During a football match heat is lost through the evaporation of sweat however. Whilst performing there is constant competition between the muscles and the skin for a limited blood supply to provide oxygen to the muscle and facilitate heat loss at the surface of the skin, therefore meaning that the body has a reduced ability to decrease and maintain its temperature.

Football players, athletes, cyclists, and other sport performers can reduce the effects of a hot climate by consuming an adequate amount of fluid before, during and after competition or training to avoid the unpleasant consequences of dehydration. Acclimatisation should be a major part of the athlete’s plan up to a game or competition so that the individual can adapt to the environment adequately. It is recommended that 10-14 days of acclimatisation is needed for a good adaptation period. Usually this is done by going to the actual place the competition will be held and performing shorter and easier training sessions at the beginning and building upon it in time for the main event. Roy Hodgson however, likes to take his own spin on things by having the players wear three layers of clothing during practise and doing gruelling exercise bike sessions in a heat chamber to mimic the heat and humidity of the forthcoming matches.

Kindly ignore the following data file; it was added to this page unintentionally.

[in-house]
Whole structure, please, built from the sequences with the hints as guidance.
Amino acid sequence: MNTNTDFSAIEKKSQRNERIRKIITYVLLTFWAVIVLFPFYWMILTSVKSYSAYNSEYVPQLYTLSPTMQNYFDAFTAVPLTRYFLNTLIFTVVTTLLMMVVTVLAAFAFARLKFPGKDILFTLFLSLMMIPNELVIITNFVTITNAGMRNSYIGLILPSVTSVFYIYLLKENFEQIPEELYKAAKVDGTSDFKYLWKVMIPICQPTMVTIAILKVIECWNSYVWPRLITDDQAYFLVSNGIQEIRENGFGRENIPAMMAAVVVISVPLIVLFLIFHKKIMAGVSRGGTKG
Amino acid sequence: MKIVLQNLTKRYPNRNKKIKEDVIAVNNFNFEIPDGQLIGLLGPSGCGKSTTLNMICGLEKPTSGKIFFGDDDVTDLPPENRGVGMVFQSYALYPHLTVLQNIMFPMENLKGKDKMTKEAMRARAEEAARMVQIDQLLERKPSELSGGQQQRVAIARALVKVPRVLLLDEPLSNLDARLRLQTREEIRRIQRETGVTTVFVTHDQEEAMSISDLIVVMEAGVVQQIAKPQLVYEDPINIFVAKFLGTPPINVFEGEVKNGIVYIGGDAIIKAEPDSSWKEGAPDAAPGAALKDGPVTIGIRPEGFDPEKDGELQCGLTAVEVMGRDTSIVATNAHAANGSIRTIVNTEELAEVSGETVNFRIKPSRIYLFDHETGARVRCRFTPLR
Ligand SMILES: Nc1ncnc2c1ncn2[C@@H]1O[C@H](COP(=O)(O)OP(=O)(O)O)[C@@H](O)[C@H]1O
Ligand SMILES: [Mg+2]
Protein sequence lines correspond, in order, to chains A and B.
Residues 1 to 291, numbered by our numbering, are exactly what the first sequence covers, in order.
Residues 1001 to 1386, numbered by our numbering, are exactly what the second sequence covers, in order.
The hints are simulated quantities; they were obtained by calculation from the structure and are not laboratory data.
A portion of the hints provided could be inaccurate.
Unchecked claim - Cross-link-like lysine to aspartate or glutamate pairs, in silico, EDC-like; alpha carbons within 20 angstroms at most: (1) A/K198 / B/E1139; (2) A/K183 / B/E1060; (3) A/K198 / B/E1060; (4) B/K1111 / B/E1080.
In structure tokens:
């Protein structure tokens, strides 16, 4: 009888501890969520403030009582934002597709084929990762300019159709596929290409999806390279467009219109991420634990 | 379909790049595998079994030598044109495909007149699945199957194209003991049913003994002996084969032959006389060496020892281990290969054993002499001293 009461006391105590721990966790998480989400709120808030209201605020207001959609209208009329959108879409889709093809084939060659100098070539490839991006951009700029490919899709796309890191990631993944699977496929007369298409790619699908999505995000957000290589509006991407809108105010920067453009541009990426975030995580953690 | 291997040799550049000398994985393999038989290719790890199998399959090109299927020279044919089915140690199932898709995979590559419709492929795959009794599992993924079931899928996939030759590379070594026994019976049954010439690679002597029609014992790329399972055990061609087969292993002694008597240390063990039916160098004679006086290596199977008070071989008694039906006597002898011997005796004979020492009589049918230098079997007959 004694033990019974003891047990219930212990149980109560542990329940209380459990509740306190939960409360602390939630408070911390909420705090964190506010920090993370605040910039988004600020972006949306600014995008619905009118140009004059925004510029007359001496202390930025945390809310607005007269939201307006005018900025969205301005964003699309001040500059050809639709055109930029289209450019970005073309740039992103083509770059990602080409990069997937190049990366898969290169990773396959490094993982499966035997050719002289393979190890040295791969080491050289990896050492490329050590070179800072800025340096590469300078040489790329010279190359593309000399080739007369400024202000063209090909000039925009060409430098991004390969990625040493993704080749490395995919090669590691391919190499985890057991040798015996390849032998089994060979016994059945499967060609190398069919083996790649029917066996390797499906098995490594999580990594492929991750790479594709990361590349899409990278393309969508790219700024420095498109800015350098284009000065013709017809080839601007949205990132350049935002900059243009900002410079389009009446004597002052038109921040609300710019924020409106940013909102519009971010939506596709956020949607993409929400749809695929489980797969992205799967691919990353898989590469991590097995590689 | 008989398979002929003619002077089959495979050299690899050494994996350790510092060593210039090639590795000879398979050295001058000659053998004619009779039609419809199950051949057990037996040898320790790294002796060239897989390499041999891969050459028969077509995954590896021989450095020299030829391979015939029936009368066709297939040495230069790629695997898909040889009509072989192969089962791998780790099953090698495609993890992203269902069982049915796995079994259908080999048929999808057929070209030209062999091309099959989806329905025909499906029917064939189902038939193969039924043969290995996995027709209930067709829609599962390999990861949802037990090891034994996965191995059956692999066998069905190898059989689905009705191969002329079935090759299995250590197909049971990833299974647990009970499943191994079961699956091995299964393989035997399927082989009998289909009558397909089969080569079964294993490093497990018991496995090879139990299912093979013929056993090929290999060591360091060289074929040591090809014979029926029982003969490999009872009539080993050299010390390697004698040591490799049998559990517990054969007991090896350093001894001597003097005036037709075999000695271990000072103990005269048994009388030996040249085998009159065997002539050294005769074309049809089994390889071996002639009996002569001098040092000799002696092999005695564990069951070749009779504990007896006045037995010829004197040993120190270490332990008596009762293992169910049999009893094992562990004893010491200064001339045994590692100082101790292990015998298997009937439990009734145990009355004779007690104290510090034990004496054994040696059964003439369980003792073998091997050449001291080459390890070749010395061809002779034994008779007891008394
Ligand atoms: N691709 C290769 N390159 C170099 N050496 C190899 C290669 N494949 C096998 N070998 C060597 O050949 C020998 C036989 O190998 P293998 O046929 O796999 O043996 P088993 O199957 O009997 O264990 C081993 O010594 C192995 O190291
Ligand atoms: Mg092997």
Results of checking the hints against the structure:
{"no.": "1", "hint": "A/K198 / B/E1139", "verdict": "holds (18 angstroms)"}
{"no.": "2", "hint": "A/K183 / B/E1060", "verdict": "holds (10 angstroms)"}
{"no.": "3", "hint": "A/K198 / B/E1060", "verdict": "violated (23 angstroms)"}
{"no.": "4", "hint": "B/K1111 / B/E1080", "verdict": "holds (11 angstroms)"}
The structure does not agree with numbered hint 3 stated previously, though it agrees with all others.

In conclusion, performing in hot climates can impair performance if the sporting individual is not adequately prepared for the environmental conditions. However, not everyone is negatively affected by the heat, and some people cope better in hot environments than others. It all comes down to the individual.

In a team sport like the World Cup though, having just one player coping badly with the heat can affect the whole team, so even the obvious recommendations like consuming adequate liquids, are important to remember to make sure performance is kept optimum for everyone involved.